“Nothing prepares you for parenthood”, despite being true, is an expression so well-worn that it’s entered the realms of cliché. I first watched Ron Howard’s 1989 film on the same theme as a 17 year old and found it amusing then. A few years ago, and by then a parent myself, I rewatched it and laughed even harder, albeit a little more hollowly. My progeny as small children were of the toddler tearaway ilk, uncannily similar to Steve Martin’s character’s youngest child in the film, particularly on the using of a bucket-as-headwear front.
A real low was the time my one year old daughter managed to jam her head between the base of our toilet and the bathroom wall. My older child was three at the time and always particularly fractious by bath time. I didn’t feel confident enough to maintain control of two bathing, slippery eels simultaneously, so would deal with them separately. While there was logic in me attending to my three year old as the baby crawled free-range around our apartment, the upshot was unthinkable. A baby’s curioisty knows no bounds and on this particular occasion she was in hot pursuit of the loo brush. For one very long, hysterical minute she became completely wedged between wall and loo: she, crying, me only capable of uttering a panicky expletive on repeat which my three year old parroted every desperate time I uttered it. The situation became so alarming that I imagined having to call the emergency services or a plumber, or both, to remove either baby or toilet.
Miraculously, and I’m not entirely sure how, my daughter managed to manoeuvre herself out of her own accord. It was a lesson learnt. From then on and until I felt able to bath them together, the little one remained strapped into her high chair in the bathroom doorway while I bathed her brother. As with much of parenting, the best of intentions to avert disaster can result in alternative, undesirable circumstances. All things being equal, perhaps even this nightmare scenario compares favourably to that of a friend-of-a-friend who dislocated her child’s shoulder when removing an arm-band at the swimming pool.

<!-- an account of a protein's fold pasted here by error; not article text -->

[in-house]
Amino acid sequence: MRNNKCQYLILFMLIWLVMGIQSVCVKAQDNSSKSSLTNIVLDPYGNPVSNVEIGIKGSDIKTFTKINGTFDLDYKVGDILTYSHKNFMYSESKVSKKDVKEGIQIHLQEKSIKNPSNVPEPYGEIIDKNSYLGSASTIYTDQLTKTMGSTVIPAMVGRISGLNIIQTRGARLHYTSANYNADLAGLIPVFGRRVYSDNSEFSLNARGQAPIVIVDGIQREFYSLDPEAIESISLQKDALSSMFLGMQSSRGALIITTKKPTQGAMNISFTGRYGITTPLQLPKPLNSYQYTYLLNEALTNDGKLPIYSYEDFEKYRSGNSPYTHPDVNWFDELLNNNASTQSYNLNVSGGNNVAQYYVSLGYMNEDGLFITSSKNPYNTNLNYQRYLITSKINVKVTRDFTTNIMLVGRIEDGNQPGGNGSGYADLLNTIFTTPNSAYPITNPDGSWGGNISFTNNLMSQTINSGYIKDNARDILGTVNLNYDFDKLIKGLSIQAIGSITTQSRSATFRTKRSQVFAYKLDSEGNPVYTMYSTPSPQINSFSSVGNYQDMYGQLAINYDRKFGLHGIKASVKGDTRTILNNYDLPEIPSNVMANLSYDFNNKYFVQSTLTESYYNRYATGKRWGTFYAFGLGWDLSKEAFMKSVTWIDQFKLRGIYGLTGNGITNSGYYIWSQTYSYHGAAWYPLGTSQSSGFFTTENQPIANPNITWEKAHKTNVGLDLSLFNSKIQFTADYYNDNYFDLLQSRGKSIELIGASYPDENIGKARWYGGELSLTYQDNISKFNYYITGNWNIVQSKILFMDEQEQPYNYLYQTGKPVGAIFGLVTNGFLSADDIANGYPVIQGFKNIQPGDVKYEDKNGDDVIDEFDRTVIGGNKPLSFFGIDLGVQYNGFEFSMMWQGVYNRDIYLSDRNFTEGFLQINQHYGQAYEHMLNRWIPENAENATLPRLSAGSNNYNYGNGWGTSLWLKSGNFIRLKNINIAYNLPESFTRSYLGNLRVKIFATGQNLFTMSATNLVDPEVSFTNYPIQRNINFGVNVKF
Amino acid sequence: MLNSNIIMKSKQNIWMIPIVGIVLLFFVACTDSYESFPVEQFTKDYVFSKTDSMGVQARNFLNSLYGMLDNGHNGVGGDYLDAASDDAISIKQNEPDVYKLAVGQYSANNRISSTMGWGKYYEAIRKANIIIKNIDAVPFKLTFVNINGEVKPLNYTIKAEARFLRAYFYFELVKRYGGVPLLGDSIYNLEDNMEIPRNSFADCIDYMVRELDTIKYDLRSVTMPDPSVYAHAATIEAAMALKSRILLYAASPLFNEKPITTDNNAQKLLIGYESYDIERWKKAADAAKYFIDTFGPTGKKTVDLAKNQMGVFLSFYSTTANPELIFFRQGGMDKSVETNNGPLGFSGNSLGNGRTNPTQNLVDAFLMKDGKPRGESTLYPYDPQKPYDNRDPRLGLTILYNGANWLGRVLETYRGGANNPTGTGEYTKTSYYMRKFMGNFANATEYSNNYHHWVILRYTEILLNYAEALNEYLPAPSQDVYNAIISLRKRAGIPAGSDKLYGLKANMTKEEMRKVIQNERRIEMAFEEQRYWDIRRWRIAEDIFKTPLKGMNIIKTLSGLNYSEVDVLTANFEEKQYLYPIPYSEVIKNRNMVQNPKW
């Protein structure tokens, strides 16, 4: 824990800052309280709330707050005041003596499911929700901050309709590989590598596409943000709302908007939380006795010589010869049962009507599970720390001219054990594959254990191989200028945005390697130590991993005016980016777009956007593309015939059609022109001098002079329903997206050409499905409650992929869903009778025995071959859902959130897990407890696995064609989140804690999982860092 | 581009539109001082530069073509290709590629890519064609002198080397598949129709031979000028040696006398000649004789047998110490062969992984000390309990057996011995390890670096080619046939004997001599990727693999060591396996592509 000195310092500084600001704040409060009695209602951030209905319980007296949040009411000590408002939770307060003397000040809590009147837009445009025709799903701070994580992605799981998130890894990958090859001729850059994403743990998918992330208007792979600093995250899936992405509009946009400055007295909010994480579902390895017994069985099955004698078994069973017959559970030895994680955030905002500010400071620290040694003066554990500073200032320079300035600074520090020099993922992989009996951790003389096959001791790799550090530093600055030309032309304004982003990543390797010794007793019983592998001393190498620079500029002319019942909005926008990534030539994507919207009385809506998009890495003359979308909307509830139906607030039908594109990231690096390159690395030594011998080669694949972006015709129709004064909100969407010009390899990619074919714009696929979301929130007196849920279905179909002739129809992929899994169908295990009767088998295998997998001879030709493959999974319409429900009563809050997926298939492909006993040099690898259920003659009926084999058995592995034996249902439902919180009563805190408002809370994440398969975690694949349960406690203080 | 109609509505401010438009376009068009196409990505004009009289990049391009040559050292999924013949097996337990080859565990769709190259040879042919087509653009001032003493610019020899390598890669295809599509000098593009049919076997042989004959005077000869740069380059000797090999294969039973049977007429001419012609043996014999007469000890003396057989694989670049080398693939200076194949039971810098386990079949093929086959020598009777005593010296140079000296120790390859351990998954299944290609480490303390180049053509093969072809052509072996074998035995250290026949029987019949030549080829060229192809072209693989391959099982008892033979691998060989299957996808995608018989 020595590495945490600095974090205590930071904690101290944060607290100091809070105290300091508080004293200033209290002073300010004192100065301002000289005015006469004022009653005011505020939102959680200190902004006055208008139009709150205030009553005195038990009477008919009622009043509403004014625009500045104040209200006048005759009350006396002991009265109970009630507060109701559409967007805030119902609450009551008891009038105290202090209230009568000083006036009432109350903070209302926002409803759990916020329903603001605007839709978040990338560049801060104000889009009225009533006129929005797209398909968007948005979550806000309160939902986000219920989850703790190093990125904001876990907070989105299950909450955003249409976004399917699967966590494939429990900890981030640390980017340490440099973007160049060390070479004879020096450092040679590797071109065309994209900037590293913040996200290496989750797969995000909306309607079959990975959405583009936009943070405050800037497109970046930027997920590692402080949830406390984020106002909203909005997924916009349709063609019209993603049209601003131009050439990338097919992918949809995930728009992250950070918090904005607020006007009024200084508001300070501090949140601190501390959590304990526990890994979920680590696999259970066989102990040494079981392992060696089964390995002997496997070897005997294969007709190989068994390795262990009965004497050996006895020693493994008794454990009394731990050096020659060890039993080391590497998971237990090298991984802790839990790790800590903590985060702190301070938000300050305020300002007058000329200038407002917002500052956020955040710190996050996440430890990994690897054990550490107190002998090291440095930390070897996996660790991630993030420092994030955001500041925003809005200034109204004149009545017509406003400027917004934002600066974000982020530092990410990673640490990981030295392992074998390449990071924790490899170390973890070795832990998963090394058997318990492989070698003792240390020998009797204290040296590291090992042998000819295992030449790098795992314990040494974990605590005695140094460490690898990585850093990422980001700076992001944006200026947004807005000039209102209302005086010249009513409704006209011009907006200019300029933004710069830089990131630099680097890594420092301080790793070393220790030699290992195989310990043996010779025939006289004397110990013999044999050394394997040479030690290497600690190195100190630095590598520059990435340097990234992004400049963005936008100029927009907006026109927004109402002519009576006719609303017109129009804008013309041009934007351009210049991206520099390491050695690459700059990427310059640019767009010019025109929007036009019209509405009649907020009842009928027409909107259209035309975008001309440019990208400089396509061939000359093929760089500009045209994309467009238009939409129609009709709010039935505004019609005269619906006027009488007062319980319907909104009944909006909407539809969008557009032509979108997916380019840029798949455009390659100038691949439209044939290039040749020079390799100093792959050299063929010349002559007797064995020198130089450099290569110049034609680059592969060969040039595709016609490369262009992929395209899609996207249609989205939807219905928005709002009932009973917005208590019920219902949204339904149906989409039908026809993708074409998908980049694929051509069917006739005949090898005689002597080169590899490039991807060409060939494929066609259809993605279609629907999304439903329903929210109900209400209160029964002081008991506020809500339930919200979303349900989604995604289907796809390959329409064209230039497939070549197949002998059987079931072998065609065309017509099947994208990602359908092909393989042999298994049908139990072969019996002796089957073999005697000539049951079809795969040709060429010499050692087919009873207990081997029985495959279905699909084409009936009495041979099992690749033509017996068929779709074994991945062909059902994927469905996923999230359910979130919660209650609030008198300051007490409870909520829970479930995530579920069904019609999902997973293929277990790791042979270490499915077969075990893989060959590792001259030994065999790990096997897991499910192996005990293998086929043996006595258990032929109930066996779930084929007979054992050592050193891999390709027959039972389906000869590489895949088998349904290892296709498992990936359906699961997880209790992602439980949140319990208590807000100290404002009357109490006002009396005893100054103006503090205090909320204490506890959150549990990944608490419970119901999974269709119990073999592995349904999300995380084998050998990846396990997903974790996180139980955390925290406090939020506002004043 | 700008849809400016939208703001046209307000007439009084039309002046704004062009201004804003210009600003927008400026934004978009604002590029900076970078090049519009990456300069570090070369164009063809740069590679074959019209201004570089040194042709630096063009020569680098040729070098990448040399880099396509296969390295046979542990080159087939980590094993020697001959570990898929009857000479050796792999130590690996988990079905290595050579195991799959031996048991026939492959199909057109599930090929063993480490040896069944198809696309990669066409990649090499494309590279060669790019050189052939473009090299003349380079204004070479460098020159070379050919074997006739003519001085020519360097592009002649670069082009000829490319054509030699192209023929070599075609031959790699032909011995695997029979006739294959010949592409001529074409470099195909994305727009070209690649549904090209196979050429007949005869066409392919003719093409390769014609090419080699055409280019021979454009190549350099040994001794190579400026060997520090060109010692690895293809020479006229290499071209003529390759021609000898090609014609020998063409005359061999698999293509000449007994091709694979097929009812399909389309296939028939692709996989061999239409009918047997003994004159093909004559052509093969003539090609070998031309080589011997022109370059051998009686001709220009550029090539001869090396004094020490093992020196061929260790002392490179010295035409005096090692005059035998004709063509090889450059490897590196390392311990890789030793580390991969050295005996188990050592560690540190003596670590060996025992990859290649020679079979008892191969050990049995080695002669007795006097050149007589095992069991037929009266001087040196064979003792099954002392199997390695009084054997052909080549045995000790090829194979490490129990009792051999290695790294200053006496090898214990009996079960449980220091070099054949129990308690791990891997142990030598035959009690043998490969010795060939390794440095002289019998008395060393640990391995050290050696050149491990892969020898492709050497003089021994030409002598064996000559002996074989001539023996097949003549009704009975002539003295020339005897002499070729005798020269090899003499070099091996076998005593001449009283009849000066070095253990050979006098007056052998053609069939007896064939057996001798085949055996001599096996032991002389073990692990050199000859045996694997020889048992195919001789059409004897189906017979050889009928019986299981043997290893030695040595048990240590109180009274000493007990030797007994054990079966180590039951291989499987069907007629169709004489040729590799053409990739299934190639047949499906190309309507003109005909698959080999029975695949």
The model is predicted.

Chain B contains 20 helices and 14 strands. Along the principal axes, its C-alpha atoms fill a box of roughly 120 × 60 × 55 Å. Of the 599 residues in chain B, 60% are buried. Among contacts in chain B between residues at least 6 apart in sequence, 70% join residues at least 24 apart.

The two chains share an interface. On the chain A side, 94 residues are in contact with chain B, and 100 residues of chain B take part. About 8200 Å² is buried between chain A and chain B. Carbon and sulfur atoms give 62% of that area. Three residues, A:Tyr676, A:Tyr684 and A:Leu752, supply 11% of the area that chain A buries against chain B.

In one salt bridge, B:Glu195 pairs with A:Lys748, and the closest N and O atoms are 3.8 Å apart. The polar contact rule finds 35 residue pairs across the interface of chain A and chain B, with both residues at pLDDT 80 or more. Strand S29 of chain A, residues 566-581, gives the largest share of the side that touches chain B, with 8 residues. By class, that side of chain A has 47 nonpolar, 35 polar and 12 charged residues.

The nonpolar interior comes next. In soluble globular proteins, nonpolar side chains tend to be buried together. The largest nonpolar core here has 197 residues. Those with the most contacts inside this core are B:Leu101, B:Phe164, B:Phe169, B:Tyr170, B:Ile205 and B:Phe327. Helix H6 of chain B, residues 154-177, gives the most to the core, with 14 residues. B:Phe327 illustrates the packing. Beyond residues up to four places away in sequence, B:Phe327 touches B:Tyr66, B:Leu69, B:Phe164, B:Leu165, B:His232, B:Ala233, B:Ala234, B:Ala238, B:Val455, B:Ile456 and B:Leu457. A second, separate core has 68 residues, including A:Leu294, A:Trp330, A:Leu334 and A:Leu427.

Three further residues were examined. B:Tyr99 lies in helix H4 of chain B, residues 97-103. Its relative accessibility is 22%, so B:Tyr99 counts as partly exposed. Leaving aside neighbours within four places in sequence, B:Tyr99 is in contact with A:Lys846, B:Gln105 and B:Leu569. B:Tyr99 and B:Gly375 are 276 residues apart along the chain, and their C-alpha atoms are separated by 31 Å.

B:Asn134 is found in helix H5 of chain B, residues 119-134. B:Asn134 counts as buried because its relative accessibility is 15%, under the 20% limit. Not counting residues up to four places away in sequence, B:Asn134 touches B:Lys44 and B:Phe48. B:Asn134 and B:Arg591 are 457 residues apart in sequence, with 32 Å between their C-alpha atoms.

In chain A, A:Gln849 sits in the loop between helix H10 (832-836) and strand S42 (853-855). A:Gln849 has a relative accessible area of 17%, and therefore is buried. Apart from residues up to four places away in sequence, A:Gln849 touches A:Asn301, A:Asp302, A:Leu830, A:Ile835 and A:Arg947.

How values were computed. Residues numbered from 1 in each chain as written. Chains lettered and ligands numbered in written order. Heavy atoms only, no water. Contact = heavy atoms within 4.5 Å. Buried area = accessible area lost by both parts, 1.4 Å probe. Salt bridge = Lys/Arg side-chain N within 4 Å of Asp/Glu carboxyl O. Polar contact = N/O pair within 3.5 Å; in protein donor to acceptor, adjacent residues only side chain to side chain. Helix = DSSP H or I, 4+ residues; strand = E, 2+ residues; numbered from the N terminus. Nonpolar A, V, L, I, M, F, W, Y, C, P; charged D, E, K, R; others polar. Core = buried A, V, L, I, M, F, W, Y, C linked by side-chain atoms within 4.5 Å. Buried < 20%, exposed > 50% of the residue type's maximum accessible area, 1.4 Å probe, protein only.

Apparently, the genetic cocktail gifted to our children by me and their father doesn’t engender children that, for example, sit quietly and read. Why would you do that when you can run your parents ragged instead? Much more fun! Ask any parent of young children how they are feeling and their default response will probably be a variation on the scale from “a bit tired” to exhausted to the point of being borderline psychotic. Add illness into the mix and any semblance of order that you mistakenly believe exists in your world is thrown completely out of kilter.
A month shy of her first birthday, my daughter contracted a dose of Chickenpox so severe that she was hospitalised. This episode was possibly one of my lowest ebbs emotionally. It doesn’t take a genius to work out that anxiety plus sleeplessness are never a winning combination. To top it all off, one doctor reprimanded me for “allowing” my daughter to catch the virus; another seemed more intent on capturing the great extent of her spottiness photographically on his smartphone, for posterity or research purposes I was never sure. My daughter succumbing to rampant pox and my inability to control it – the too-high temperature, the spots that wouldn’t stop appearing – was the first time that external factors had really impinged on my tight grip on all motherly matters. Super-organised control freakery was not going to fix this one.